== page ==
Along Sunset Boulevard in Hollywood today, in front of the large, blue Church of Scientology building, hundreds of masked Anonymous protesters arrived for a second major picket of the embattled religion. This time, however, the church had an answer.
Because of a permit secured by the church, multiple roads were closed, including L. Ron Hubbard Way, the street that runs alongside the main church building. Tarps had been hung on the perimeter of the church’s parking lot, preventing outsiders from seeing in.
Most noticeable was a series of large metal frameworks that had been erected and decorated with large rainbows of balloons and banners bearing church messages: “Love and Help Children,” “Don’t be promiscuous” and perhaps most visibly, the name of a Scientology-related book for better living, “The Way to Happiness.” A giant viewing screen had been set up to face out toward the protest, playing an endless series of videos — accompanied by ear-splittingly loud audio from speakers that also pointed toward Sunset Boulevard. The videos playing on the screen espoused better living through the teachings of Scientology founder L. Ron Hubbard.
Down the closed road, the tops of tents could be made out, and a few people appeared to be walking on the street. Besides that, the nature of the Scientology event was unclear.
The police presence today was notably larger than it was for the first mass protest staged by Anonymous on Feb. 10. LAPD Sgt. Wayne Guillary said the protests had progressed uneventfully, but noted that Scientology representatives had tried to block off an area of public sidewalk on Sunset Boulevard that would have prevented people from crossing the street in front of the church building.
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Taking a break?
“They wanted to block off the crosswalk,” said Guillary. “I told them you can’t do that.”
Guillary also noted that in addition to the road closure permit, it appeared that the church had applied for and received a permit to film on the premises. Guillary pointed out off-duty LAPD officers who were assisting with the apparent movie shoot. Again, it wasn’t clear what kind of movie was being filmed, or why the church had picked a day in which a large protest had been planned for weeks.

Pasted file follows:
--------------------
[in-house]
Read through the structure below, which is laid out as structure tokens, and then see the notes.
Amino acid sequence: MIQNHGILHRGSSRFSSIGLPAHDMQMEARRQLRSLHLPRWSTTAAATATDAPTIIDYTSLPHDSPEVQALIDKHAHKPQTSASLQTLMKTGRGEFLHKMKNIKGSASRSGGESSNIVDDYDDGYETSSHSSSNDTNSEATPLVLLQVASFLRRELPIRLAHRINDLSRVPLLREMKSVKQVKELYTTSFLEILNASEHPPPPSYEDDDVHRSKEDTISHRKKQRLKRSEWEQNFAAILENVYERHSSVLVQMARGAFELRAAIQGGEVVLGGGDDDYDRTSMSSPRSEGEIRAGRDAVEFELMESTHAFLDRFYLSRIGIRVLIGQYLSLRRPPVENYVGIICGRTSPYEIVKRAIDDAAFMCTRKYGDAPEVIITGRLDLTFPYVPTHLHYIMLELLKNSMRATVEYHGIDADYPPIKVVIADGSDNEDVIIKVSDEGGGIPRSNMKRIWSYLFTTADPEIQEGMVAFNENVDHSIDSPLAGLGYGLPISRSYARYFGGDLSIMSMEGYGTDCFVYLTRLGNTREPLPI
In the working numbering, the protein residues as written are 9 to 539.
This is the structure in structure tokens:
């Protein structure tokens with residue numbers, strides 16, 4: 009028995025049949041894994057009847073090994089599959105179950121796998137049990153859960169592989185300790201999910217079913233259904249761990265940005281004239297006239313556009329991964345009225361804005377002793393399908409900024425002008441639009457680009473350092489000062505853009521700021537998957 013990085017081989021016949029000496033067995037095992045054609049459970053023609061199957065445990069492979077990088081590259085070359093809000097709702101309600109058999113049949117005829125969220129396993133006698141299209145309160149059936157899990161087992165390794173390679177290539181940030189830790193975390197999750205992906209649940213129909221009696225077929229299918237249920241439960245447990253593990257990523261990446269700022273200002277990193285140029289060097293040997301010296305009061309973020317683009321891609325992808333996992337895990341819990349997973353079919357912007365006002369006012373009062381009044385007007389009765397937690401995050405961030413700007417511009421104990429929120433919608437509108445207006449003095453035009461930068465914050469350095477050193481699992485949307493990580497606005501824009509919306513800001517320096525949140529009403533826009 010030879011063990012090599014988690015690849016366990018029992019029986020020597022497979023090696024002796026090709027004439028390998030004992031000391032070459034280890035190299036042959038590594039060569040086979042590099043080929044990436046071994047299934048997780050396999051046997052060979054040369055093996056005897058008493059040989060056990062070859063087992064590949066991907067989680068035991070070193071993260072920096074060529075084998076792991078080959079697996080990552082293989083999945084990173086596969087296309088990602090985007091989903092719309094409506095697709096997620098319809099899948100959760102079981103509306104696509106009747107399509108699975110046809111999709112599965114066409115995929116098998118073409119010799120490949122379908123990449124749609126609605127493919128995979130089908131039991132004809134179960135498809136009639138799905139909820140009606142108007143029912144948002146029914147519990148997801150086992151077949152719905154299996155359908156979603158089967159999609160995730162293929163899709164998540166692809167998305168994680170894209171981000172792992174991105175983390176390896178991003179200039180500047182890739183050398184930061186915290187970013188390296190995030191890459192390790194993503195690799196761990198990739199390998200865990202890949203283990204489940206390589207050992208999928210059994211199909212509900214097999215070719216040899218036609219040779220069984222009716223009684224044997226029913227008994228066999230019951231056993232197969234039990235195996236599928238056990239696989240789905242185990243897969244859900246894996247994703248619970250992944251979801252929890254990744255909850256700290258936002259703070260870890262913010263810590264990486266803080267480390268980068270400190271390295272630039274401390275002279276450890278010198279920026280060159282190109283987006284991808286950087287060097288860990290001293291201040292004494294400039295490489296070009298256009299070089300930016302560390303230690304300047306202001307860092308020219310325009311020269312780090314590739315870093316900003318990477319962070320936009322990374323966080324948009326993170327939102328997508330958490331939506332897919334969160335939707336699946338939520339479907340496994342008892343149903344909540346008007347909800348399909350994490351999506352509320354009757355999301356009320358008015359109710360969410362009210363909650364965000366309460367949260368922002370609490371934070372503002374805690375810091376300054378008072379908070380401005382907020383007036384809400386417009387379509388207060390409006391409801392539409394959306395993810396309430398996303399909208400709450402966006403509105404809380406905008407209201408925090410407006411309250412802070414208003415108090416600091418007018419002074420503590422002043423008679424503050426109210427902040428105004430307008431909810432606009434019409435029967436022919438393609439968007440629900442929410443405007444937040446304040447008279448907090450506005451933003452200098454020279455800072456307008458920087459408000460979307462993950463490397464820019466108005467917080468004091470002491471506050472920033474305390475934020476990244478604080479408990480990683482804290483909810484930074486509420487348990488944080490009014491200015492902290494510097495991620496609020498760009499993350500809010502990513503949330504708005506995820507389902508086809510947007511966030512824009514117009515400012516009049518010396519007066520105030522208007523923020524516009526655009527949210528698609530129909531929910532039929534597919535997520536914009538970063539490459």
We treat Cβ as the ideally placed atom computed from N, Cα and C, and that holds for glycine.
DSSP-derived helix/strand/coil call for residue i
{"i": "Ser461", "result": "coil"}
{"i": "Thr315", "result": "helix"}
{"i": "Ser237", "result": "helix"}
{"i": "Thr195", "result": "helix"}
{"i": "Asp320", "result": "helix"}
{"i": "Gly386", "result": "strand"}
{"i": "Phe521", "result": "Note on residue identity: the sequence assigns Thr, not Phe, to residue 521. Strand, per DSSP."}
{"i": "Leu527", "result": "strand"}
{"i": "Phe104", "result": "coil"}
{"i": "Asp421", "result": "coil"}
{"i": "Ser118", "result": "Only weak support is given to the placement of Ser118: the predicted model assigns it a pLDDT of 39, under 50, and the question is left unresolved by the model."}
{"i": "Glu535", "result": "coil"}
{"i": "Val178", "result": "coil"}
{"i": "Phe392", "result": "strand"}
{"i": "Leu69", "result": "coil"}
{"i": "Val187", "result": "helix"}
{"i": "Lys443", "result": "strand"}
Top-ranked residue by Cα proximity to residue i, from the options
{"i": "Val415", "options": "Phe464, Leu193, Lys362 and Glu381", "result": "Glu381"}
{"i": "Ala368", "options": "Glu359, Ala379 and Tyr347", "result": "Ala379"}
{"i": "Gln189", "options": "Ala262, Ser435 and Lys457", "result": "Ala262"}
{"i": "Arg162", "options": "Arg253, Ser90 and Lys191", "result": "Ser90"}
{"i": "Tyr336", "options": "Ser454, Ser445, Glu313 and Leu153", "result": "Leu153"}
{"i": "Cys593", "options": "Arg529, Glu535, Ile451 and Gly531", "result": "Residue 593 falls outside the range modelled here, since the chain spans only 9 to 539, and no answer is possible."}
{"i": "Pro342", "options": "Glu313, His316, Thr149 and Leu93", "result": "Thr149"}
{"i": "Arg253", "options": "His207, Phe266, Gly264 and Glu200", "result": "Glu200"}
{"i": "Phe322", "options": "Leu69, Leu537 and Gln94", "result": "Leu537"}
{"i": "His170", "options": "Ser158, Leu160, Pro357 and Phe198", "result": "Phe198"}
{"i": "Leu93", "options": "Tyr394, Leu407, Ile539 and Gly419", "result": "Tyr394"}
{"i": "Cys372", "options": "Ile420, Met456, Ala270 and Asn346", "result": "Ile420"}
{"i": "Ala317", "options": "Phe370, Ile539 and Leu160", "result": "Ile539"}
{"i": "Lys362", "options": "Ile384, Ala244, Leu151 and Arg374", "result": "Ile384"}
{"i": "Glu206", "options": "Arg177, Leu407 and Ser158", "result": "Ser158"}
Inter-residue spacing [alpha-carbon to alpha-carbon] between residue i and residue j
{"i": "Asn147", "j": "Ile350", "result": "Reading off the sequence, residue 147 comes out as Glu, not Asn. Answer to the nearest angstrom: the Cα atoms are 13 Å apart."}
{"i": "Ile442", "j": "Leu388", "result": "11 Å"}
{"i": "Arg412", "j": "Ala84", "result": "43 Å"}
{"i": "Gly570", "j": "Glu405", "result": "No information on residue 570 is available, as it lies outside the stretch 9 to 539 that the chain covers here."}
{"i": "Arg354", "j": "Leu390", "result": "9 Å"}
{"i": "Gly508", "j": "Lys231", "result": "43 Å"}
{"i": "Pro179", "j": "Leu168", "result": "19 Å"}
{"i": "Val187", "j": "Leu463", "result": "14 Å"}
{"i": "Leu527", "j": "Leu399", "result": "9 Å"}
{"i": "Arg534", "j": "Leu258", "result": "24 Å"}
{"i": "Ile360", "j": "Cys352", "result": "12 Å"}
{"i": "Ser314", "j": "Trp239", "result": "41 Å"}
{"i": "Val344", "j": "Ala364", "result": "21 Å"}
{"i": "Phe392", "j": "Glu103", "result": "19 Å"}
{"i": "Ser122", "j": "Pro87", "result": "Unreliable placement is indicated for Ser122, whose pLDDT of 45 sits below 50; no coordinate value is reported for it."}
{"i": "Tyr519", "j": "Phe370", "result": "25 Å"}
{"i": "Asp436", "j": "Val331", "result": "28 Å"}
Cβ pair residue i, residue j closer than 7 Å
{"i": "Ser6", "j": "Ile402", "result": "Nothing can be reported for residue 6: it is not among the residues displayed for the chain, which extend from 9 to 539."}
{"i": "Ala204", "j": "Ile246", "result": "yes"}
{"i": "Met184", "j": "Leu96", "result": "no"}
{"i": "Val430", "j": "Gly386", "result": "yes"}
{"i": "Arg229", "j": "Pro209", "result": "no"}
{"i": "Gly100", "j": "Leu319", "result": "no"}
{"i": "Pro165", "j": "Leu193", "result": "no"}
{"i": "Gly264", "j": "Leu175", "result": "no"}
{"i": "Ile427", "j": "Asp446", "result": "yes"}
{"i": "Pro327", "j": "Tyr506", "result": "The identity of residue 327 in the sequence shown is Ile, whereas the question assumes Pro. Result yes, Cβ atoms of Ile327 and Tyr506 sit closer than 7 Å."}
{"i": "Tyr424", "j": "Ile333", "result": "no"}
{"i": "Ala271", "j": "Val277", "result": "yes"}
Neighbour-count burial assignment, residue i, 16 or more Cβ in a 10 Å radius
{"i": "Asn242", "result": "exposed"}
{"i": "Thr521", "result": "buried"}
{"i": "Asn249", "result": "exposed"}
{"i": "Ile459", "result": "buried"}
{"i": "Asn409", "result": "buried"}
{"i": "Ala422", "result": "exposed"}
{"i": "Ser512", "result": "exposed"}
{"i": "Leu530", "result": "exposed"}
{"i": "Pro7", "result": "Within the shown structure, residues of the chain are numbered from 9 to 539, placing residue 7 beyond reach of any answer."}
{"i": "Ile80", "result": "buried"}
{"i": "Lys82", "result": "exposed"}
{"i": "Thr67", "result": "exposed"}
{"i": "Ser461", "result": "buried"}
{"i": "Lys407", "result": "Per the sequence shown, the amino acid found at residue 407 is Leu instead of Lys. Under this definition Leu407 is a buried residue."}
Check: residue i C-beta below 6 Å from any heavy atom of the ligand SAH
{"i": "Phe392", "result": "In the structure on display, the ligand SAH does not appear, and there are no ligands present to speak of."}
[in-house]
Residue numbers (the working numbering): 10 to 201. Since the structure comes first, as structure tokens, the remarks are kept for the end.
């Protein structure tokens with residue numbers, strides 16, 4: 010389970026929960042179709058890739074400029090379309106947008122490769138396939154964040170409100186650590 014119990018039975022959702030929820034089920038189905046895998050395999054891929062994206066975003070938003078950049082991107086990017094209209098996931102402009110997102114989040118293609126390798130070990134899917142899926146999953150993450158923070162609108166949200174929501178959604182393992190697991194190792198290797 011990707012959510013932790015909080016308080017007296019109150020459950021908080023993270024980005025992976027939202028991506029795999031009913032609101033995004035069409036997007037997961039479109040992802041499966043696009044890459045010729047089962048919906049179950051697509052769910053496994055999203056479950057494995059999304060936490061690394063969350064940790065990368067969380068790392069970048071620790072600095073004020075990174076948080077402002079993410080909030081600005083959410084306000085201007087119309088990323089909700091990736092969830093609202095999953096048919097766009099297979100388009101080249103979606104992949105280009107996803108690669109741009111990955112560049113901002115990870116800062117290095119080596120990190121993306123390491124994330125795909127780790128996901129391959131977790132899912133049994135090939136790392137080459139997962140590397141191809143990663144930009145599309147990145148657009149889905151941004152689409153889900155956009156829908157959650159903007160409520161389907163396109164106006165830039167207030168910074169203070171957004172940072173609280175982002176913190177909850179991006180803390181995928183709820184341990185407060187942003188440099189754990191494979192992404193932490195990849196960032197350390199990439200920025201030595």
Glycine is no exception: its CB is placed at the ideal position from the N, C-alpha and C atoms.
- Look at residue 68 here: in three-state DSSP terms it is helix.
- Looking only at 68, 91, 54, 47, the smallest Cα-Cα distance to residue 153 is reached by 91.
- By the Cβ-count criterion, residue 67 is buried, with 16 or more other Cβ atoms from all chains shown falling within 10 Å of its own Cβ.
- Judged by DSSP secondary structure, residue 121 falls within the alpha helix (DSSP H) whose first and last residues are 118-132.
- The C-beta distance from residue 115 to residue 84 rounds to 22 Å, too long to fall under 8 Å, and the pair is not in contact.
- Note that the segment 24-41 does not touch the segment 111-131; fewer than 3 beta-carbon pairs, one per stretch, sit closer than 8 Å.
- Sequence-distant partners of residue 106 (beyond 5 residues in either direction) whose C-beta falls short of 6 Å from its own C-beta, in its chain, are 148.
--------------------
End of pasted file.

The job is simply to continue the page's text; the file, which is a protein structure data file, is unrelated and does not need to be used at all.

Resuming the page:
When I asked a Scientology official for information about the event on the premises, she declined to comment but said a written statement was forthcoming. I asked if she could arrange for a brief walk-through of the Scientology event and, after consulting with her supervisors, she said, “No. The event is for parishioners only.”
Members of Anonymous said the church had attempted to close off the entire block of sidewalk running along the front of the church on Sunset. At least one road closure sign had been placed in that area, though it was not covered by the permit, authorities said..
Among the most peculiar sights of the day was when a small plane appeared overhead, (see photo at top) towing a banner that read, “Honk / Yell if you think Scientology is a cult.” The crowd cheered when the plane came into view and began an hour of circling.
A Scientology parishioner who identified himself as Jimmy and gave his age as 25 was stationed on Catalina Street, to prevent anyone from wandering into the closed area.
When asked if he believed the protesters seemed like terrorists, a term Scientology officials have repeatedly used to describe them, Jimmy replied, “I wouldn’t say they’re all terrorists. A lot of them look like high school kids.”
“But,” he added, “Are you going to wait for them to blow up a church before you say, ‘hey look, some terrorists?'”